Trendlines | Trendline Trading
If part of your trendline trading plan is to trade support and resistance, then a lot of your entries
and exits are going to be positioned according to where your trendlines are!
Trendlines | Trendline Trading
>>> Get More... Trendlines and Trendline Trading Information & Resources Here!
:So, What Are Trendlines?
Trend Lines are an important tool for trend identification and confirmation in technical
analysis. It is a straight line that connects two or more price points and then extends
into the future to help guide you in your trading.
Trendlines show three distinct but related types of information about the market.
They show the direction of the current price movement, the strength of the current
price movement, and the future support and resistance of the current price
movement. This trendline trading information can be used seperately from each
other, or they can be used together as part of a larger trading system.
There will be lines drawn across significant lows in an uptrend, and significant highs
in a downtrend. To roughly classify trendlines, we can divide them into three
catagories as short term trendlines, medium term trendlines and long term trendlines.
Short Term Trendlines
Draw these lines across the most recent two lows for an uptrend or across most
recent two highs for a downtrend. Best observations are found on a smaller time
frame such as a 15 minute or 30 minute chart.
Medium Term Trendlines
These are best observed on a higher time frame like a 60 minute chart. It either
connects the nearest significant low to current price action to the previous significant
low in an uptrend or the nearest significant high to current price action to the previous
significant high in a downtrend.
Long Term Trendlines
It uses higher time frames such as the 4 hour chart or the daily chart to draw long
term trendlines using the same method of Medium Term Trendlines. The long term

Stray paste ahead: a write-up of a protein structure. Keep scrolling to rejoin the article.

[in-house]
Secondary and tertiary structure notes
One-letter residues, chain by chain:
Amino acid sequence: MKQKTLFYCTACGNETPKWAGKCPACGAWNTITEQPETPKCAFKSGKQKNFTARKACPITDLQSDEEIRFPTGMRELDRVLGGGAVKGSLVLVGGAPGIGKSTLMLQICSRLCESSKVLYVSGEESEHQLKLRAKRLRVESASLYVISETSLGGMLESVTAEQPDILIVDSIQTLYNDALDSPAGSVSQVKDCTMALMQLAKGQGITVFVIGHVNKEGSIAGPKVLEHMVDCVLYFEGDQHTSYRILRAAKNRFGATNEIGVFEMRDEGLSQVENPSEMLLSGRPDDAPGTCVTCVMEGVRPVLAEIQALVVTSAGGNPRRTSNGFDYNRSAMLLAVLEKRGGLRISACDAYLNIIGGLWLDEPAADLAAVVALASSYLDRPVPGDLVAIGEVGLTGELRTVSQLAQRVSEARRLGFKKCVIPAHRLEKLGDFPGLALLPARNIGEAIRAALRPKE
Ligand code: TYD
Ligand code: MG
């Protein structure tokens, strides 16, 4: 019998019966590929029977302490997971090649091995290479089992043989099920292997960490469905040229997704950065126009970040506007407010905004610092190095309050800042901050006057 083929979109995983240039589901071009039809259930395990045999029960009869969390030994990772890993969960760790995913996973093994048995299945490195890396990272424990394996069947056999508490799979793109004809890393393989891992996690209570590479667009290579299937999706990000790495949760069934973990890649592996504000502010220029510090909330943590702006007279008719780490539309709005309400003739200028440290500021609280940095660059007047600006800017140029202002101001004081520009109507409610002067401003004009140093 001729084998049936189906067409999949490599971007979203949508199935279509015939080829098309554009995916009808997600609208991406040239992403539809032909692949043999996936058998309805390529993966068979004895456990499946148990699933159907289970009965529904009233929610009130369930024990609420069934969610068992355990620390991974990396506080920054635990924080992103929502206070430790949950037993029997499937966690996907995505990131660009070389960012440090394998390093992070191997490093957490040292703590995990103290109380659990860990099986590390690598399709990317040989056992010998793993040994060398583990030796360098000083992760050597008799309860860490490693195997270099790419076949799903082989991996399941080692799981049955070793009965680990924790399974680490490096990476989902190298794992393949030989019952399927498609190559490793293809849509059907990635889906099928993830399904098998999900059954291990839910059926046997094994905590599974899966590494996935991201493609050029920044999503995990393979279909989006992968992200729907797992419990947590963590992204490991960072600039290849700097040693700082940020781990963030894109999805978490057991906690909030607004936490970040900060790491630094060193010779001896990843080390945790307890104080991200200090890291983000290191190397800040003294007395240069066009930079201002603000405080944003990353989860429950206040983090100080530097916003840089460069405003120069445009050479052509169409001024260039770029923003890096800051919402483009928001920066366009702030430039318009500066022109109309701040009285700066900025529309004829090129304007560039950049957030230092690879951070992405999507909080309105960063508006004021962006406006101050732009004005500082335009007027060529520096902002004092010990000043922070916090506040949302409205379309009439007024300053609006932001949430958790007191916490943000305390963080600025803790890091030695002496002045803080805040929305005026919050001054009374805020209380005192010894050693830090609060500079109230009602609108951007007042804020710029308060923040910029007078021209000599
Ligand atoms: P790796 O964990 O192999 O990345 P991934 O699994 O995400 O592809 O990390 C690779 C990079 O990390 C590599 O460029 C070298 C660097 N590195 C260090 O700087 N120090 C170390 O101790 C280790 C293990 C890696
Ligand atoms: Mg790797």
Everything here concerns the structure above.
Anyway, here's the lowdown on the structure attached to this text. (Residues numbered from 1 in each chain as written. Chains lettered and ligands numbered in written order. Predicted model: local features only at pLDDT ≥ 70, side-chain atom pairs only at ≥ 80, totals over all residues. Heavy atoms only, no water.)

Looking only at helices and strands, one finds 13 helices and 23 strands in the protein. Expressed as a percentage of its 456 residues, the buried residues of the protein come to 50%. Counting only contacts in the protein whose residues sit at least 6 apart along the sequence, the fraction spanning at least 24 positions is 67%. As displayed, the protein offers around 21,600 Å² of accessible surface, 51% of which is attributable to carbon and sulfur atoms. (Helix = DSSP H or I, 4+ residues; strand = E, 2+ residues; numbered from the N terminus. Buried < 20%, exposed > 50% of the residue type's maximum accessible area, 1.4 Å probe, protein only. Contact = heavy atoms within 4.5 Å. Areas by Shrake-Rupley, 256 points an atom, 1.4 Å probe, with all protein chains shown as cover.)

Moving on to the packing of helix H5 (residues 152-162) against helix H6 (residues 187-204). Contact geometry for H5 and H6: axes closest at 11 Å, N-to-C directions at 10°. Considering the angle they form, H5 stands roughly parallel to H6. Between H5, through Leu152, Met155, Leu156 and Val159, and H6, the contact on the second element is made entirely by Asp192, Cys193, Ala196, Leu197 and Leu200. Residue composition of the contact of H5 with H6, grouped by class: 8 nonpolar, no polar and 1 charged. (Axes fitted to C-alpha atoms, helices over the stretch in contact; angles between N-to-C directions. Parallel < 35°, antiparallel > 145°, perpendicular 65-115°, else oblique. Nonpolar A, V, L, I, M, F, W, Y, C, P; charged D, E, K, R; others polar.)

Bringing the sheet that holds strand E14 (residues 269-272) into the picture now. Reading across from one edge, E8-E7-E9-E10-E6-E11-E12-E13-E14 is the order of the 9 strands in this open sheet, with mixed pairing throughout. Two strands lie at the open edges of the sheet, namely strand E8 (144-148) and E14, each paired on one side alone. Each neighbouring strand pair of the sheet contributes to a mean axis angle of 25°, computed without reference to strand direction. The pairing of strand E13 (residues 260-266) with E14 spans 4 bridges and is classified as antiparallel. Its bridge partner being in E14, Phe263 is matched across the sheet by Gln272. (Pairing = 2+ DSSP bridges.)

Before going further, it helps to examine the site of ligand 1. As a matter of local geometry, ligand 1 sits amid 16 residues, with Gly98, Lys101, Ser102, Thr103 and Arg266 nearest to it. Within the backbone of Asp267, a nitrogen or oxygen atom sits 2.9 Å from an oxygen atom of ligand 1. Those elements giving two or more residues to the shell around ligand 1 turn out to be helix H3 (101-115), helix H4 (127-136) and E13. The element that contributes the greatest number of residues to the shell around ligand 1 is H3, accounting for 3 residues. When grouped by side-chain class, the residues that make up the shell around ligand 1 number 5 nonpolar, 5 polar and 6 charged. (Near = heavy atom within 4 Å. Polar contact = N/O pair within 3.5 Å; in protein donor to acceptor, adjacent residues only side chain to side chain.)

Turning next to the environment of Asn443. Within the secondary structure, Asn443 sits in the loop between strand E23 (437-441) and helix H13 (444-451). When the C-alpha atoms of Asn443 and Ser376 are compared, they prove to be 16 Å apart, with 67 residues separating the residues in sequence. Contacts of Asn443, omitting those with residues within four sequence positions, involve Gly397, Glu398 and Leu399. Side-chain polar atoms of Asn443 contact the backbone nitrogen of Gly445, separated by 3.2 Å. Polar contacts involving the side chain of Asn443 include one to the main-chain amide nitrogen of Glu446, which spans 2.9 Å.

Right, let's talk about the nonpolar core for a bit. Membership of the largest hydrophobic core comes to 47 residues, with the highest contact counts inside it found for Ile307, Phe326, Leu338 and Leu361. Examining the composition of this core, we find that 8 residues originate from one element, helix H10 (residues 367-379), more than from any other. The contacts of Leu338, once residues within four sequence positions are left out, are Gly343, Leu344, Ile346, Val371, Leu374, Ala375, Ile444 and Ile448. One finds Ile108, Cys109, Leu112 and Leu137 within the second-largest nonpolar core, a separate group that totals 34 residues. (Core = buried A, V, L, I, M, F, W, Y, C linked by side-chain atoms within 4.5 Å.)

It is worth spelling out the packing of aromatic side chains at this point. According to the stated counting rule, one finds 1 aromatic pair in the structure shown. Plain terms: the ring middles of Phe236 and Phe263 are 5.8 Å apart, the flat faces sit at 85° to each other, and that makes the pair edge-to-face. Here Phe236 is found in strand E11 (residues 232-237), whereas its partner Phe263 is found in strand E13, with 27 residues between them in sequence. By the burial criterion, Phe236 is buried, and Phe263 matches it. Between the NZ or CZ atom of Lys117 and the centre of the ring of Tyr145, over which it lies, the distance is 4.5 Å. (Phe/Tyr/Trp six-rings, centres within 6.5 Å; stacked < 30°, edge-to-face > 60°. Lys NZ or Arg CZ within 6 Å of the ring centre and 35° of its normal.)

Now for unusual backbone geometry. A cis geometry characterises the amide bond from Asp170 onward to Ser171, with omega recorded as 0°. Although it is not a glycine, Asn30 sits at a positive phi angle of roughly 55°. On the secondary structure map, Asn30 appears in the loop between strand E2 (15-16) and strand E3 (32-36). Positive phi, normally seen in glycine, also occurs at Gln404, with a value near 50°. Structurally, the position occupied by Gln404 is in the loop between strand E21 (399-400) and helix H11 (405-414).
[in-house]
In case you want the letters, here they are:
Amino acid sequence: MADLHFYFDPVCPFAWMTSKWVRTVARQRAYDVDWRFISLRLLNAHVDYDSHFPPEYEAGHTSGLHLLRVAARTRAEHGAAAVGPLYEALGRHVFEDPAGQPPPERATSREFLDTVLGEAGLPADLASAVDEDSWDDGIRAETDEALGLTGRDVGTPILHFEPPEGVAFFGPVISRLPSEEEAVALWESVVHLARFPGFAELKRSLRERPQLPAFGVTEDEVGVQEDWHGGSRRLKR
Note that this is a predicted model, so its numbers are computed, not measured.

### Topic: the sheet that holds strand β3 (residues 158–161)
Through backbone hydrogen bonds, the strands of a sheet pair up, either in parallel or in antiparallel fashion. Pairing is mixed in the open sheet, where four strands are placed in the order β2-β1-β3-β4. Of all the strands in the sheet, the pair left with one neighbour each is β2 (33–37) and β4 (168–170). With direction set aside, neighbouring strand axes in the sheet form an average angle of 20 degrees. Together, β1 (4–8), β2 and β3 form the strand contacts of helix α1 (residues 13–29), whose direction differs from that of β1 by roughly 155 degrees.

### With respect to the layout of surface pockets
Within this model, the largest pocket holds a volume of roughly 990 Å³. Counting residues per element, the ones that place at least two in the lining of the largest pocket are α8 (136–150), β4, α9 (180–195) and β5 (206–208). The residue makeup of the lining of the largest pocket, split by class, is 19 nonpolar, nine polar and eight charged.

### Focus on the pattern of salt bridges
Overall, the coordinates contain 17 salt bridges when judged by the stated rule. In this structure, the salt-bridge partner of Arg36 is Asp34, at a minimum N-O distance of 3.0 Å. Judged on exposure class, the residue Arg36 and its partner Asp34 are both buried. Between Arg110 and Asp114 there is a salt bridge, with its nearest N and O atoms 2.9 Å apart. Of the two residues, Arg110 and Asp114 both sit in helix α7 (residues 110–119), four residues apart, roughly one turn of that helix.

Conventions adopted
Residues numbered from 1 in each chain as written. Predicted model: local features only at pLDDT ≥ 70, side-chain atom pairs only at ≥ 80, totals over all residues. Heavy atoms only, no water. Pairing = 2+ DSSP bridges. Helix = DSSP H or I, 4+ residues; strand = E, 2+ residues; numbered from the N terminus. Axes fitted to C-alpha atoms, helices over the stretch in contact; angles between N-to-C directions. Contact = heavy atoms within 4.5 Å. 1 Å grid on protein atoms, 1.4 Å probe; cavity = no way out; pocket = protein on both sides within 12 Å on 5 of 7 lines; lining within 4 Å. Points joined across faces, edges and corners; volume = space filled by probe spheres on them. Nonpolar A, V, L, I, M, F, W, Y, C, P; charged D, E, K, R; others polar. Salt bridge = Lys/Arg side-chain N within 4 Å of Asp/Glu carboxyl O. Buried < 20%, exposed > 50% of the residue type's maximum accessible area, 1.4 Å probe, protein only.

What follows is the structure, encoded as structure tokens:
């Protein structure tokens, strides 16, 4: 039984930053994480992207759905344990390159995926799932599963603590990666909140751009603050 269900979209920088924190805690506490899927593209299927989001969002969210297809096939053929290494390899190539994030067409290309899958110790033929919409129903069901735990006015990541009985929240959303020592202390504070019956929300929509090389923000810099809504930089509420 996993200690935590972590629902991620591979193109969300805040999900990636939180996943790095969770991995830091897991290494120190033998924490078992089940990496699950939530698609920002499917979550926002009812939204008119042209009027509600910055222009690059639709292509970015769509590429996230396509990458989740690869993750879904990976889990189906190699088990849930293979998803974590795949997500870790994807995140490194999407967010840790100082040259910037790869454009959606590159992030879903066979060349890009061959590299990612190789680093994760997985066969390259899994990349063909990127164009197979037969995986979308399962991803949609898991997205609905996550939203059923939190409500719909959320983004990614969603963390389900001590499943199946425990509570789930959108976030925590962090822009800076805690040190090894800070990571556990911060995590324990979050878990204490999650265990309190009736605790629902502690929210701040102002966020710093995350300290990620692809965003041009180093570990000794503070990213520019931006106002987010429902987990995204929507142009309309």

trend line is considered as an effective Forex trading tool. The daily chart is used
mostly by traders of big institutions who do not usually engage in small moves on an
intra day level.
By drawing a trend line on a daily chart you can graphically analyze where price is
and where it is likely to bounce. But employ trendlines as a trading tool with caution
and discretion. Covering your charts with every trendline possible will result in
confusion and blurry analysis.
It is not a good idea to rely completely on a short time trend line. They merely give
you a defined picture of current price action. These are broken often during the
course of a day. Their main use is to give you a clear, instantly recognizable
graphical representation of current price behavior.
If you notice price coming back to test a trendline on the higher time frames, look at
other factors. Draw in horizontal lines to mark key support and resistance using
previous highs and lows. Draw Fibonacci retracement and extension levels.
Calculate the daily pivot points and put them on your chart. Have the 200 EMA
(Exponential Moving Average) shown on your charts.
Experienced traders have their own methods which they perfect over time, but
primarily, they'll look to use the close of prices, or to find a way to get as many
touches on a line to give it strength, all of which work, but as a beginner it can be
frustrating not quite knowing where to put them.
What I'm suggesting is to use a universal approach while starting out until you
become a little more experienced and you start to trust your intuition. This method is
a mechanical method, meaning there can only be one way, but there is also an extra
dimension enabling you to determine the strength of the trendline also.
If you’re interested in getting more free content ,information,videos and trading
systems just visit the Trendlines page.
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